Housman said that enlightening literary criticism was harder to find than creative literary talent. Indeed he said that true literary critics come on the scene less often than Halley's comet does. Here we have no less than the author of Birdsong expounding his thoughts on `the' novel and taking no fewer than 10 cd's over it. From such a talent we would expect the material to be intelligent, thoughtful, balanced, rational and insightful; and so it is. Will that do, or is something more needed for it to qualify as illuminating? With regret, I would say yes.
For one thing, there is not much of a `theme' to this long literary ramble. In particular, take with a pinch of salt anything you may see suggesting that it illustrates some distinctively British national character. What's `British' anyway, in these devolved days? There is not even a British national football team, and I learned on the BBC news just this morning that 800 street parties are planned in London for the forthcoming royal wedding, as against none in Glasgow. I would not argue with the proposition that Robinson Crusoe was something new in literature, thus staking a British claim, but it used to be said that in the old classical days Petronius Arbiter and Longus had produced `novels' in their Trimalchio's Supper and Daphnis and Chloe respectively. Does Sebastian Faulks not agree, or has the point just never occurred to him? On the other hand I am with him when he dismisses as sad nonsense what were once academic fads of trying to make some kind of science out of novel writing, and of trying to make novels a species of biography or autobiography instead of the original creativity that they ought to be. He makes this view clear, in a civilised way and without contentiousness, near the start. Near the end he warns against trying to read too much allegory into The Lord of the Flies; and I am happy to say that you will not hear the word `deconstruction' from start to finish.
It is all a civilised and enthusiastic stroll down the novelistic paths that Faulks likes best - that rather than anything really systematic. There are a lot of my own favourites here, but it is all frustratingly conventional. The first few discs are devoted to as ordinary a set of safe standard classics as you could find in the most conservative Eng Lit course 50 years ago. Robinson Crusoe starts us off, then here are Tom Jones, Vanity Fair, Wuthering Heights, Pride and Prejudice, and Tess of the d'Urbervilles. It is not, of course, just chronological in any mechanical way, and sometimes he picks a sub-theme, the first being some entertaining remarks on the `Hampstead Novel' (exemplified sadly by Doris Lessing's The Golden Notebook), all psychoanalysts and organic hoummus. Naturally Faulks deals with a good many 20th century productions, but once again it is hardly adventurous to find Lucky Jim, Lady Chatterley, Graham Greene's The End of the Affair, Jean Brodie and even Brick Lane selected for comment. The Raj Quartet, The Lord of the Flies and Zoe Heller's Notes on a Scandal are about as modern as he gets. I need hardly say that his views are well worth listening to, but I am not really convinced that it all amounts to much more than a hugely extended Newsnight Review - the works concerned deserve thoughtful discussion, but very little of it bowled me over with its dazzling perception. Faulks is interesting, for example, when he discusses Greene's Catholicism, but Greene himself tells us that he had a deep need for Faith in Something, and if it had not been Catholicism there was a Plan B. That is much more enlightening, and I also sense that Miss Brodie is over-analysed. She was some kind of a snob, I suppose, but `pretentious' would have been a better word.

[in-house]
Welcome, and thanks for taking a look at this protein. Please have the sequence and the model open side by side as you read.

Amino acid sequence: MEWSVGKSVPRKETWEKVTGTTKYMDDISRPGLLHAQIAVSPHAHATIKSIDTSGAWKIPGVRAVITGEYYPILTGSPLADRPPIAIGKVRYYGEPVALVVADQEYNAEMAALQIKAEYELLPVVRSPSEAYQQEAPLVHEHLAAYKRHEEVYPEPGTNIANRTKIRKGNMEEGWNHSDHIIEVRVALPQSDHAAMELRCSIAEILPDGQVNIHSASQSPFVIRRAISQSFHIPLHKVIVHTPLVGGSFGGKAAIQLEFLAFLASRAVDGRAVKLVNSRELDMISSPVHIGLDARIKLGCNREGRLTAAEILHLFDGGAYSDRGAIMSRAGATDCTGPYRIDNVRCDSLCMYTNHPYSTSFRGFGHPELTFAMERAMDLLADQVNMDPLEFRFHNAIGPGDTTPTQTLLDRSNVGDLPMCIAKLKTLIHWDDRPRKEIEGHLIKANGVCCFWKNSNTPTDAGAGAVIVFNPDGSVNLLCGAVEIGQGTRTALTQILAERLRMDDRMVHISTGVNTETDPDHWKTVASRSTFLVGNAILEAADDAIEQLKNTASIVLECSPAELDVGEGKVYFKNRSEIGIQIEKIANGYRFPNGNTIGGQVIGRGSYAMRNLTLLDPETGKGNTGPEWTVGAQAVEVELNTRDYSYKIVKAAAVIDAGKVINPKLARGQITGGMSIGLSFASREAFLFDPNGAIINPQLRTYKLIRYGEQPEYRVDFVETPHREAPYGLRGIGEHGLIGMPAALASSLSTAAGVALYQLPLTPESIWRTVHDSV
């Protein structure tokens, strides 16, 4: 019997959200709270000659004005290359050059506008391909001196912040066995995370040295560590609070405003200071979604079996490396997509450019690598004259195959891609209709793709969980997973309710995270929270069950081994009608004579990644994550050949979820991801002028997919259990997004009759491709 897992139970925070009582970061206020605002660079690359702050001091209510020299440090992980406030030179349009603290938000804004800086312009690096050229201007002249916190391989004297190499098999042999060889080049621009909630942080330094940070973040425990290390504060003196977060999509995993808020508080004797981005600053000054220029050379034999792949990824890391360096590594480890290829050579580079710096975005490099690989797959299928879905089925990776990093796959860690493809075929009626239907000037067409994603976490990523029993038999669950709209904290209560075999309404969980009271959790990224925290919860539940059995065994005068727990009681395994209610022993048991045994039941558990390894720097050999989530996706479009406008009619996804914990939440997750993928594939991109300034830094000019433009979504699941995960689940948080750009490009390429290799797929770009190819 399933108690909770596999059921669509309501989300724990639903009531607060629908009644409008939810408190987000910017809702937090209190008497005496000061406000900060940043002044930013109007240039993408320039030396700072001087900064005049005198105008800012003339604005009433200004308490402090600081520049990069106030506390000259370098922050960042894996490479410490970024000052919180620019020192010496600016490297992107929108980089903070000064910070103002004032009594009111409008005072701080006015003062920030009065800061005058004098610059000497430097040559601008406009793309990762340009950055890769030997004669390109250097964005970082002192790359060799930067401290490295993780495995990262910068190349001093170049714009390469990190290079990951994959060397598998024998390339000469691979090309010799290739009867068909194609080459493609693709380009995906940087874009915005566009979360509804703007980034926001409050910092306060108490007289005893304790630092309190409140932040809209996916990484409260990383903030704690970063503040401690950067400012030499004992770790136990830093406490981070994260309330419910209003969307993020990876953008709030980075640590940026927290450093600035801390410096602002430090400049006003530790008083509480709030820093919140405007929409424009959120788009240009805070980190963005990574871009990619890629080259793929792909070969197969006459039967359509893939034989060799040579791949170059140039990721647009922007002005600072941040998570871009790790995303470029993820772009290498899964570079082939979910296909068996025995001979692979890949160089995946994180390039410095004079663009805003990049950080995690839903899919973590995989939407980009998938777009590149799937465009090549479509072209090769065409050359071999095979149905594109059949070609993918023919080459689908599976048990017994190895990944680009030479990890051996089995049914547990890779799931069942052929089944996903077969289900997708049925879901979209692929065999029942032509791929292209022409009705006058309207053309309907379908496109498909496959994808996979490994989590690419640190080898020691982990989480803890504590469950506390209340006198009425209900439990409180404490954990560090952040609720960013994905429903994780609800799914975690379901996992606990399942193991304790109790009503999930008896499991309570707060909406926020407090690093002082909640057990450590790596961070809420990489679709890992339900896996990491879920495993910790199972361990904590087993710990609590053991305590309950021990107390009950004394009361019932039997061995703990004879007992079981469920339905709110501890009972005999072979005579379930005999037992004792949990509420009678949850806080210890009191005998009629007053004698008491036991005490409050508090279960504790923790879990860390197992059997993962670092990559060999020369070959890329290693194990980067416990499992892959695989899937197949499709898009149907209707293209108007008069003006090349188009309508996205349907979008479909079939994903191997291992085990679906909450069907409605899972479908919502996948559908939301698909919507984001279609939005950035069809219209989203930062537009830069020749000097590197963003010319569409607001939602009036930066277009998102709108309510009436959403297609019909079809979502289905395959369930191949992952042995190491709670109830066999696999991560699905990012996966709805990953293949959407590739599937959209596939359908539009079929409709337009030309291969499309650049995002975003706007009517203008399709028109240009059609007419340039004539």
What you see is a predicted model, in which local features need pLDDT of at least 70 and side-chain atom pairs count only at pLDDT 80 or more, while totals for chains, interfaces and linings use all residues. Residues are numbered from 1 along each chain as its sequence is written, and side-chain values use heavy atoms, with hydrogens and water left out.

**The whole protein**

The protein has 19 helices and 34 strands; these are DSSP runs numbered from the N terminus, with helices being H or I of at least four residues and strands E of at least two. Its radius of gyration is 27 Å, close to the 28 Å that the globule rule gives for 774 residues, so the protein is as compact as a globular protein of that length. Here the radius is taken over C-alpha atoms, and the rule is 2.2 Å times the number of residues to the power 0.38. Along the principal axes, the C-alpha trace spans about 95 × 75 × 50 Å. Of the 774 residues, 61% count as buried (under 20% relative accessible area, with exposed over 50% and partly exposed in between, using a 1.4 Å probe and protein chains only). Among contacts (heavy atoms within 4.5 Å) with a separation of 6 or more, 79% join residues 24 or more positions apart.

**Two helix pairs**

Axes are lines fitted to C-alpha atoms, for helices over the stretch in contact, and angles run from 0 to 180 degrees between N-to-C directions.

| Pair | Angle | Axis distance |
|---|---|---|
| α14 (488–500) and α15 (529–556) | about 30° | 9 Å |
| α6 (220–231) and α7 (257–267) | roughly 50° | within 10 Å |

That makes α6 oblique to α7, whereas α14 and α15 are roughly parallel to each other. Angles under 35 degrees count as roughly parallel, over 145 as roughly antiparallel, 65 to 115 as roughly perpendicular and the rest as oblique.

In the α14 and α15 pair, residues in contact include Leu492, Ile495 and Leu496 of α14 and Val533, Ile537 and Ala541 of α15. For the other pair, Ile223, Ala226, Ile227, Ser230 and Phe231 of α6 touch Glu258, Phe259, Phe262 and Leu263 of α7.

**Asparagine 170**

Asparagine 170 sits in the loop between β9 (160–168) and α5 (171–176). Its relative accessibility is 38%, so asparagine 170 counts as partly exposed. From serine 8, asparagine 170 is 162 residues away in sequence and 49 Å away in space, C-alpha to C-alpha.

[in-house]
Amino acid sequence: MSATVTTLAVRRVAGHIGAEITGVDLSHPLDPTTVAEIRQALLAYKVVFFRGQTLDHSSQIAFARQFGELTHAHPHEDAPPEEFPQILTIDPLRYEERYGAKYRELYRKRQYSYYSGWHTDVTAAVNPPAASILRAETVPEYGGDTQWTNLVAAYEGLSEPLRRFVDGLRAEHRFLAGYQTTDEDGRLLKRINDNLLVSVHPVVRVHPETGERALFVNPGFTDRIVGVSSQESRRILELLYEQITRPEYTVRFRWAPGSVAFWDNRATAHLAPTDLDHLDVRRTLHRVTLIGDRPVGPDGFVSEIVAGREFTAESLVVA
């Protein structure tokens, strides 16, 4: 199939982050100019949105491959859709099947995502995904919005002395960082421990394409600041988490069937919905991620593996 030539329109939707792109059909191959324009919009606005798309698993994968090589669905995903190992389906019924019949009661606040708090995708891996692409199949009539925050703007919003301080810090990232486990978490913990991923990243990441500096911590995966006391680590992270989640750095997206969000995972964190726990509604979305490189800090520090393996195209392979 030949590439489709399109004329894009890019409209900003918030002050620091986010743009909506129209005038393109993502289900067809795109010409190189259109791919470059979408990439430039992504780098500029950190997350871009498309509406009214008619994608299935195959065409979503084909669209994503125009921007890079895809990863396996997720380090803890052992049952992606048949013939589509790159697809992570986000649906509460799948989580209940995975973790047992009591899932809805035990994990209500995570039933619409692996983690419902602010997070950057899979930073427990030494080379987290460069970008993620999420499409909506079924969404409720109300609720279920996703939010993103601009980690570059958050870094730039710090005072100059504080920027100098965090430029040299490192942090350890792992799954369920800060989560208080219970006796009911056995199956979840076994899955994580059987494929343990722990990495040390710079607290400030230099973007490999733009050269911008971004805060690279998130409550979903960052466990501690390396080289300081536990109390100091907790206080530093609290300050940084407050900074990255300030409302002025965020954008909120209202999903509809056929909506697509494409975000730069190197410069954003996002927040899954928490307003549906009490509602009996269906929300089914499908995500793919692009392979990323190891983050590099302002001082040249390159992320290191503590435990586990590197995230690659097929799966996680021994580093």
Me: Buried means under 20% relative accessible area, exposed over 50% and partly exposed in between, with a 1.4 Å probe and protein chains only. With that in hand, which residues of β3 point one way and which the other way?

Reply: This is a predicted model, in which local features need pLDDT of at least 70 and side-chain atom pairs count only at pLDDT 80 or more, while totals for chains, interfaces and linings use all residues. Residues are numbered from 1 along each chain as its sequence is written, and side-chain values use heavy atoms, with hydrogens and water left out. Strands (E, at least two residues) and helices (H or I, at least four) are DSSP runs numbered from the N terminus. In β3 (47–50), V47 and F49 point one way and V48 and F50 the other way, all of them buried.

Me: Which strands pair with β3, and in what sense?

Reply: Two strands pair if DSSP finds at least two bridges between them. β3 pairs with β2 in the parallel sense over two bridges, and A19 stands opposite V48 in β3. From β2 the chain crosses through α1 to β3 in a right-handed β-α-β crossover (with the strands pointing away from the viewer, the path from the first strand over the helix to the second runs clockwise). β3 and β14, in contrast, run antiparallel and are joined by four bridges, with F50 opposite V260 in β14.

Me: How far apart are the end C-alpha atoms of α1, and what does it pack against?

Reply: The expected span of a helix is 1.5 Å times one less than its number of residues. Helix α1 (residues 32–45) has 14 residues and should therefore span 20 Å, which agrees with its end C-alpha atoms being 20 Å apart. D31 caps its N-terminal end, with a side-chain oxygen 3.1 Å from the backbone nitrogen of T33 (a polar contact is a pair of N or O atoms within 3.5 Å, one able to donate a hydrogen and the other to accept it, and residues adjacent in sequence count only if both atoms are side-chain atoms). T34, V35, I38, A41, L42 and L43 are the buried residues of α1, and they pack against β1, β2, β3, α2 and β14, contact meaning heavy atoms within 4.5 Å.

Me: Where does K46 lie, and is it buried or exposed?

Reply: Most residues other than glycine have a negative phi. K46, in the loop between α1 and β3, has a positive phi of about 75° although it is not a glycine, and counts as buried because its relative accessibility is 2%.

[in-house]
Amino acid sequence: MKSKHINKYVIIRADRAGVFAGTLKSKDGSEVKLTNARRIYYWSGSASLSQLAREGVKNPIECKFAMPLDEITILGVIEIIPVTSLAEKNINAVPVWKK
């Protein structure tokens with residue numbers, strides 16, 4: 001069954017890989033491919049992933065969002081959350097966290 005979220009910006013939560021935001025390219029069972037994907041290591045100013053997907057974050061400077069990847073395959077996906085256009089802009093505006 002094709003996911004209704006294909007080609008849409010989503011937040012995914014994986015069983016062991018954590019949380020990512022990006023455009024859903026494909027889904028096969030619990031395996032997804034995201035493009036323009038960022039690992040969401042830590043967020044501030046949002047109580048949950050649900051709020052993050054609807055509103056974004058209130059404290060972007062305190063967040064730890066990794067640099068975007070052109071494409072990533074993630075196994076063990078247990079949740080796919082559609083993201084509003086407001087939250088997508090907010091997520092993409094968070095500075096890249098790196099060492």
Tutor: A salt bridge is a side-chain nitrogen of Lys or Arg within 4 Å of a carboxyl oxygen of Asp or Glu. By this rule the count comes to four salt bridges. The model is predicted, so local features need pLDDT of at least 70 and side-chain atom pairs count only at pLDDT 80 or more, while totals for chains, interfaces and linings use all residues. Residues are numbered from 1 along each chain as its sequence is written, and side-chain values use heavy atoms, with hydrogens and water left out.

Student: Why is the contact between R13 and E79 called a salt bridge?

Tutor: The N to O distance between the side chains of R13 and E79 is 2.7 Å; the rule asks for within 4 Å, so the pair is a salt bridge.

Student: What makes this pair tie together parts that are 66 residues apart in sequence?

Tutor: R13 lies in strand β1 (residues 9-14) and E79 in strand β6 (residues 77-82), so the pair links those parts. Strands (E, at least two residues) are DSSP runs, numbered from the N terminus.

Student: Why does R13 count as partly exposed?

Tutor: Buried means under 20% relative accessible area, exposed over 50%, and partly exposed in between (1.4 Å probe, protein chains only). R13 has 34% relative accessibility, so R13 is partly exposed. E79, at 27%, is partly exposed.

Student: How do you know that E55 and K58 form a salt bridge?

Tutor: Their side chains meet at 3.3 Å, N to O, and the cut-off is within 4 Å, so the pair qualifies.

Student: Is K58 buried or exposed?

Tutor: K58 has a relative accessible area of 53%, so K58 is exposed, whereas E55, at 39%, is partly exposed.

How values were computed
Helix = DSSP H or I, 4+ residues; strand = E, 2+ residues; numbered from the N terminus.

Faulks is at his most interesting with Jane Austen, and in two ways. First, his comments on Pride and Prejudice are not just the best but the best by far of all his ruminations. The statements made by the characters lend themselves ideally to the sort of analysis that Faulks gives them, and the insight that shows him at his best is of this analytical kind. The other interesting point is that Faulks has already dipped his toe into the 20th century, but it seems as if the consideration of Jane Austen brings him right back to where he would rather be, viz with Jane Austen again rather than with the 20th century, and he launches himself into his long discussion of Emma.
Among the other sub-themes are villains and the Gay Novel, wittily characterised as featuring personae who are not much more than body-parts with names. Popular novels appear briefly in the form of not only quality stuff like Sherlock Holmes and so great a writer as Wodehouse, but also of James Bond. Here Faulks has a story of his own to tell relating to the sequel he wrote. I can't say I'm interested, but he has every right to be. Significantly absent is `science fiction', and perhaps I can tie that in with one of his more interesting reflections, on plotless novels. Taking the genre by itself, John W Campbell Jr was asked where it fitted in English literature, and he replied that as it covered everything from the primal egg to the heat-death of the universe this was an odd question. Where is Olaf Stapledon in all these 10 discs? This is a monstrous omission, because here is a dark visionary with a colossal creative imagination whose greatest novels have no characters, whether or not you say they have plots. I don't call him science fiction, but Brian Aldiss does, and rightly traces his influence on Arthur C Clarke, whose Childhood's End has one of the most terrific plots ever conceived.
It should make a great quarry for Eng Lit essays, but it verges on futility.